20. Gross Sales Tax Collections

    Data.gov (United States)

    City of Jackson, Mississippi — This data is captured directly from the MS Department of Revenue and specific to the City of Jackson. It is compiled from Gross Sales Tax reported by taxpayers each...

  1. Loovkirjutamist õpetab Philip Gross

    Index Scriptorium Estoniae

    2011-01-01

    T.S. Elioti luulepreemia laureaat Philip Gross on Tallinna Ülikooli talvekooli rahvusvahelise kursuse "Poetry: A Conversation between Words and Silence" läbiviija. Oma seminarides keskendub ta lisaks loovkirjutamisele ka loova lugemise vajadusele

  2. Movement Skill Assessment of Typically Developing Preschool Children: A Review of Seven Movement Skill Assessment Tools

    Science.gov (United States)

    Cools, Wouter; Martelaer, Kristine De; Samaey, Christiane; Andries, Caroline

    2009-01-01

    rper-Koordinationtest für Kinder, TGDM: Test of Gross Motor Development, MMT: Maastrichtse Motoriektest, BOTMP: Bruininks-Oseretsky Test of Motor Proficiency. ICC: intraclass correlation coefficient, NR: not reported, GM: gross motor, LV: long version, SV: short version, LF: long form, SF: short form, STV: subtest version, SEMs: standard errors of measurement, TMQ: Total Motor Quotient, TMC: Total Motor Composite, CSSA: Comprehensive Scales of Student Abilities MSEL: Mullen Scales of Early learning: AGS Edition AUC: Areas under curve BC: Battery composite ROC: Receiver operating characteristic PMID:24149522

  3. Use of an Antecedent Analysis and a Force Sensitive Platform to Compare Stereotyped Movements and Motor Tics

    Science.gov (United States)

    Crosland, Kimberly A.; Zarcone, Jennifer R.; Schroeder, Stephen; Zarcane, Troy; Fowler, Stephen

    2005-01-01

    Stereotyped movements displayed by 6 participants and tics displayed by 6 children were evaluated using an antecedent behavioral analysis and a force sensitive platform. We found that tics occurred more often in an alone condition when compared to high preference toy and play conditions, whereas stereotyped movements were more variable across…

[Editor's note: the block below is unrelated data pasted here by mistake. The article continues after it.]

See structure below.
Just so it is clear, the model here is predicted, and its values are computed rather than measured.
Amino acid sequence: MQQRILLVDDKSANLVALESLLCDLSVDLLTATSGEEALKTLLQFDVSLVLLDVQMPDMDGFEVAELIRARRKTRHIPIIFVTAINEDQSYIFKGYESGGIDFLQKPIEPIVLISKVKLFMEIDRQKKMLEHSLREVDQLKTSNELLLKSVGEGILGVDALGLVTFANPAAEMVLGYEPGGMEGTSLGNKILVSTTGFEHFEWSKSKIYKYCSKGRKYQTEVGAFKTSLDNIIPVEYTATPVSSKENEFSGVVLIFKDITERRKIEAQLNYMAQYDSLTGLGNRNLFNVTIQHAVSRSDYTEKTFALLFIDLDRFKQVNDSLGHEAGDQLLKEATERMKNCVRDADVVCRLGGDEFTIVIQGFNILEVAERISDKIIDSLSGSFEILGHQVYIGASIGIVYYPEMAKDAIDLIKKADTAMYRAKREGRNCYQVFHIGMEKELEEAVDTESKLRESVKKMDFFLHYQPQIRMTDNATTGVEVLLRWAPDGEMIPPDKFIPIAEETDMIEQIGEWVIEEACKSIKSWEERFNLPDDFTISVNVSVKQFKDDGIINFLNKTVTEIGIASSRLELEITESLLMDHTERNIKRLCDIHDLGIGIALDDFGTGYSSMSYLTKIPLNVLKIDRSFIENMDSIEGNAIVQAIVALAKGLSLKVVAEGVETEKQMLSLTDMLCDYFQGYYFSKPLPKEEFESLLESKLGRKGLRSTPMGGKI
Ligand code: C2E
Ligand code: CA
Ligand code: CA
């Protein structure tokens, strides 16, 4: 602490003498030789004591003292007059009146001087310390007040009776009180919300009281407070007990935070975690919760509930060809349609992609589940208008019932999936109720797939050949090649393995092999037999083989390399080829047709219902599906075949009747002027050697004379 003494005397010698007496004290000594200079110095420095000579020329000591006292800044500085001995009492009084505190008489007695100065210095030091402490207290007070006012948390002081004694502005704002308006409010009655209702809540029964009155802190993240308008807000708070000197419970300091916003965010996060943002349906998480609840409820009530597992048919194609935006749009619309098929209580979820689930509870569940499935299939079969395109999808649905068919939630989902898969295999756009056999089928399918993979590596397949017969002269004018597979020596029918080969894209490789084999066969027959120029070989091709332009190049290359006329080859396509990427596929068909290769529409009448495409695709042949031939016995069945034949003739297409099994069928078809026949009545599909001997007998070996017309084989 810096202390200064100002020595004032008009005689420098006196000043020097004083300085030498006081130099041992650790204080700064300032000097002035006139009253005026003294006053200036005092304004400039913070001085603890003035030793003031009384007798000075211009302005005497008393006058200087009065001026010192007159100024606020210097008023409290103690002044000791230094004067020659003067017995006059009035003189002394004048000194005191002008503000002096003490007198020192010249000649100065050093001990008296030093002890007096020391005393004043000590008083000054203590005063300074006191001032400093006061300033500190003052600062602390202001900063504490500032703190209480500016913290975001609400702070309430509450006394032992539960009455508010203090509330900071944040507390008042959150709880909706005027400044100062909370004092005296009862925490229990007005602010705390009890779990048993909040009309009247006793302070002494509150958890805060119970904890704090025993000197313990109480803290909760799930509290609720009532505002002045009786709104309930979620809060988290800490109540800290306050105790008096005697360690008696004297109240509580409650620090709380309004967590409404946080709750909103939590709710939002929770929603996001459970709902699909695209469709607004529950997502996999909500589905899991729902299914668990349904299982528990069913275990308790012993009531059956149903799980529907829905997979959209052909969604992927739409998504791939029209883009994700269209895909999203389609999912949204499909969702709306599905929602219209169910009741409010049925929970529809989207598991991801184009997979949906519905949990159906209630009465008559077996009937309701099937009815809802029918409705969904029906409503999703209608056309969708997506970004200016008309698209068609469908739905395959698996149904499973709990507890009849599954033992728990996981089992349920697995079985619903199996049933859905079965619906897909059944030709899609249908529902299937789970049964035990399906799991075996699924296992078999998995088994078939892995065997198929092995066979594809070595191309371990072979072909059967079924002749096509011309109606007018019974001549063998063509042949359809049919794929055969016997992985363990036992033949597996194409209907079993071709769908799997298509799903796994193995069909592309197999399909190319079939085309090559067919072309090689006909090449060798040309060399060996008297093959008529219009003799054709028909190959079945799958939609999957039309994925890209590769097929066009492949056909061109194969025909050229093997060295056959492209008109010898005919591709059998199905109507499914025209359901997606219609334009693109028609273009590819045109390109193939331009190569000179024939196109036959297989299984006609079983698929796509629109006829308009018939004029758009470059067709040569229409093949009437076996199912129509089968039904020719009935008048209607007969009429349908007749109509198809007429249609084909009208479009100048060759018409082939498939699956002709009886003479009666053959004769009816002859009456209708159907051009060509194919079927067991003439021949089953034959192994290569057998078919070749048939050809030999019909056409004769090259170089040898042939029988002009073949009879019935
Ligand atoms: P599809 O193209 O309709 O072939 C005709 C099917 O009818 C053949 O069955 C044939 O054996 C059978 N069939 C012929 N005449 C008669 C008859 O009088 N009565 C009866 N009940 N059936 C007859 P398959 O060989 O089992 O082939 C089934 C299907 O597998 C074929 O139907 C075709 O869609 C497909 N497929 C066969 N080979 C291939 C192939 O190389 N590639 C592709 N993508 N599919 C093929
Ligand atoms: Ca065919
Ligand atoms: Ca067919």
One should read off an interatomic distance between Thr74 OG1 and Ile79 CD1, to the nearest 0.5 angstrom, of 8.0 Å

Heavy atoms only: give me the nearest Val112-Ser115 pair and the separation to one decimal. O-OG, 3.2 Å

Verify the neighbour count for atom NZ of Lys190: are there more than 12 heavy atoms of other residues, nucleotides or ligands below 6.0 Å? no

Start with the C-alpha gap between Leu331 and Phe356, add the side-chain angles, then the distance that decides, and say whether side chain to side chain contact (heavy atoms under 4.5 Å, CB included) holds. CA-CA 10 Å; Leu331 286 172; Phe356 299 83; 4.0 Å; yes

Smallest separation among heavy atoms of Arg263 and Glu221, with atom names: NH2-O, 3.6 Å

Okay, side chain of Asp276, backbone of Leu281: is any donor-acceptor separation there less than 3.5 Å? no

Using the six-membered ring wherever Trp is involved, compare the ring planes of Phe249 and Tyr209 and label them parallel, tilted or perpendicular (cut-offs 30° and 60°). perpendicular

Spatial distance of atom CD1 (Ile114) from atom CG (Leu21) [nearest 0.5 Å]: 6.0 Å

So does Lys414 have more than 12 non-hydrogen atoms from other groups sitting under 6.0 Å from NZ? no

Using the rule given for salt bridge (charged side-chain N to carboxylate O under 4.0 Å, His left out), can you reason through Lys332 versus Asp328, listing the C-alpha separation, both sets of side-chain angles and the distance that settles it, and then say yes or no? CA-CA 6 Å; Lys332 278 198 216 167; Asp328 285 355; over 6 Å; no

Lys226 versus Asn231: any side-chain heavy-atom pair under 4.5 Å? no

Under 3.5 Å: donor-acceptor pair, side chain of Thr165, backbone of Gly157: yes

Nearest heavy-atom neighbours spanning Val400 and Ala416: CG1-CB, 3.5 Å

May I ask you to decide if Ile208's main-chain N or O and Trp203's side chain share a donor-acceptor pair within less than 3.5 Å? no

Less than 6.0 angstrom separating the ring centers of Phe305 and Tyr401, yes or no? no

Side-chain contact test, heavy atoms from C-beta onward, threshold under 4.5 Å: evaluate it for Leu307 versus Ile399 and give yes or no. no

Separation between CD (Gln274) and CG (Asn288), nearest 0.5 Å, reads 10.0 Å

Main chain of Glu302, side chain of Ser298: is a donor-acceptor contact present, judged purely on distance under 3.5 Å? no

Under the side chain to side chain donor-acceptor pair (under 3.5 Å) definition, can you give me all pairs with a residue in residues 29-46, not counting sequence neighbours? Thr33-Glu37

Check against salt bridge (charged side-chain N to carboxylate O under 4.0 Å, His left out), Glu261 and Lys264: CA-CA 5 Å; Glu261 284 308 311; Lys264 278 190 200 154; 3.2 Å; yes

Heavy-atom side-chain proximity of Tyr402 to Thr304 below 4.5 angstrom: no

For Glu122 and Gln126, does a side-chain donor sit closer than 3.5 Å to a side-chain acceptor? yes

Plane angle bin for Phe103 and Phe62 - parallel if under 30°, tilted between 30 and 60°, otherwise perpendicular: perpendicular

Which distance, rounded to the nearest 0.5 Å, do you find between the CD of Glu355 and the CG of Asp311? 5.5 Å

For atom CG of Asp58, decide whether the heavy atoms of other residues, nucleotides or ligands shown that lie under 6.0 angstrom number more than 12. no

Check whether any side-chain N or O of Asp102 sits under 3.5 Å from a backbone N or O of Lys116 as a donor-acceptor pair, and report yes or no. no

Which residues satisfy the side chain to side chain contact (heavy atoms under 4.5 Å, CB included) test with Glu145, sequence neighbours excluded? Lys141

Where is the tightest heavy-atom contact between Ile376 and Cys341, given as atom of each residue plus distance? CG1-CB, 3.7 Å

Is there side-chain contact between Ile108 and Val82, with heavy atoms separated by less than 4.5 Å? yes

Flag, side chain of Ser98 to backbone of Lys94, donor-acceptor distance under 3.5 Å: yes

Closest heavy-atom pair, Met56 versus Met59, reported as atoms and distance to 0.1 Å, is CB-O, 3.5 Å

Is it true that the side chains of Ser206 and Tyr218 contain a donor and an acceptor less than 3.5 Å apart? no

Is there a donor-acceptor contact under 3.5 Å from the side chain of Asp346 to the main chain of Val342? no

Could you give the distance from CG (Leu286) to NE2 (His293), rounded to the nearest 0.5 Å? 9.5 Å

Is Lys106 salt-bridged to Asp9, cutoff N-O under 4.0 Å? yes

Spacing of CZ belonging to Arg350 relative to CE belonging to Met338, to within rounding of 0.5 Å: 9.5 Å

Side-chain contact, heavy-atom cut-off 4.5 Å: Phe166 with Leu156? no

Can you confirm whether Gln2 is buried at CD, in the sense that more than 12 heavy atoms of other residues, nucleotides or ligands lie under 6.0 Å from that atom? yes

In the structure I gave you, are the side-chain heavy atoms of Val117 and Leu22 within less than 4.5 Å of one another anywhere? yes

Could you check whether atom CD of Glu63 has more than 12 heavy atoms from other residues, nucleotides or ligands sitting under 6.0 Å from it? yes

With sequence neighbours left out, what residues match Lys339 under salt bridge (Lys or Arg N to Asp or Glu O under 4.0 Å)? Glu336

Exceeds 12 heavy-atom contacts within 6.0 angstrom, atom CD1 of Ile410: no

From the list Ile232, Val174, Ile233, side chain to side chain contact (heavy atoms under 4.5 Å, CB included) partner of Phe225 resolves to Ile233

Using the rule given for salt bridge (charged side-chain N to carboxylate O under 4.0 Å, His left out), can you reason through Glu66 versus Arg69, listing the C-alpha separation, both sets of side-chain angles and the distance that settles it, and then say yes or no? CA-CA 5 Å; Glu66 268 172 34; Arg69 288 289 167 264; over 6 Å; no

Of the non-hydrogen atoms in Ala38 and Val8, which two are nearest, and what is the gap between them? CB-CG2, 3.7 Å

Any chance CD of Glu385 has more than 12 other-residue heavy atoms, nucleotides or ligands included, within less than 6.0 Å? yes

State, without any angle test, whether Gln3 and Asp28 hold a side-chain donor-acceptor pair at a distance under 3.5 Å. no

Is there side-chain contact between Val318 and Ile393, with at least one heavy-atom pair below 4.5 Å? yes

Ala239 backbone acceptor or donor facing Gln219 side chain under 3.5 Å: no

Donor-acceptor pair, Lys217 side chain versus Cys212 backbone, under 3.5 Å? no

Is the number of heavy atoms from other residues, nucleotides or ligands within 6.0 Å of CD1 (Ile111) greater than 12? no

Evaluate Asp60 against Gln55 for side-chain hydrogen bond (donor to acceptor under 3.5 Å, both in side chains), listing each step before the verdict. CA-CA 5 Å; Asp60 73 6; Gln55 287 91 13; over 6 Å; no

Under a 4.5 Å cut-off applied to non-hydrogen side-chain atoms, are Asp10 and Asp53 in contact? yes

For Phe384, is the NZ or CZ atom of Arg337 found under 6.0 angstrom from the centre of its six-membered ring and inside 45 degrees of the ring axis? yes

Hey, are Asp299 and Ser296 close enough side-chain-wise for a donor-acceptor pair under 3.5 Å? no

4. Fundamental Movement Skill Proficiency and Body Composition Measured by Dual Energy X-Ray Absorptiometry in Eight-Year-Old Children

    Science.gov (United States)

    Slotte, Sari; Sääkslahti, Arja; Metsämuuronen, Jari; Rintala, Pauli

    2015-01-01

    Objective: The main aim was to examine the association between fundamental movement skills (FMS) and objectively measured body composition using dual energy X-ray absorptiometry (DXA). Methods: A study of 304 eight-year-old children in Finland. FMS were assessed with the "Test of gross motor development," 2nd ed. Total body fat…

  5. Promoting physical activity, healthy eating and gross motor skills development among preschoolers attending childcare centers: Process evaluation of the Healthy Start-Départ Santé intervention using the RE-AIM framework.

    Science.gov (United States)

    Ward, Stéphanie; Chow, Amanda Froehlich; Humbert, M Louise; Bélanger, Mathieu; Muhajarine, Nazeem; Vatanparast, Hassan; Leis, Anne

    2018-06-01

    The Healthy Start-Départ Santé intervention was developed to promote physical activity, gross motor skills and healthy eating among preschoolers attending childcare centers. This process evaluation aimed to report the reach, effectiveness, adoption, implementation and maintenance of the Healthy Start-Départ Santé intervention. The RE-AIM framework was used to guide this process evaluation. Data were collected across 140 childcare centers who received the Healthy Start-Départ Santé intervention in the provinces of Saskatchewan and New Brunswick, Canada. Quantitative data were collected through director questionnaires at 10 months and 2 years after the initial training and analyzed using descriptive statistics. Qualitative data were collected throughout the intervention. The intervention was successful in reaching a large number of childcare centres and engaging both rural and urban communities across Saskatchewan and New Brunswick. Centres reported increasing opportunities for physical activity and healthy eating, which were generally low-cost, easy and quick to implement. However, these changes were rarely transformed into formal written policies. A total of 87% of centers reported using the physical activity resource and 68% using the nutrition resource on a weekly basis. Implementation fidelity of the initial training was high. Of those centers who received the initial training, 75% participated in the mid-point booster session training. Two year post-implementation questionnaires indicated that 47% of centers were still using the Active Play Equipment kit, while 42% were still using the physical activity resource and 37% were still using the nutrition resource. Key challenges to implementation and sustainability identified during the evaluation were consistent among all of the REAIM elements. These challenges included lack of time, lack of support from childcare staff and low parental engagement. Findings from this study suggest the implementation of

  6. Effects of 6 weeks motor-enrichment-intervention to improve math performance in preadolescent children

    DEFF Research Database (Denmark)

    Wienecke, Jacob; Beck, Mikkel Malling; Lind, Rune Rasmussen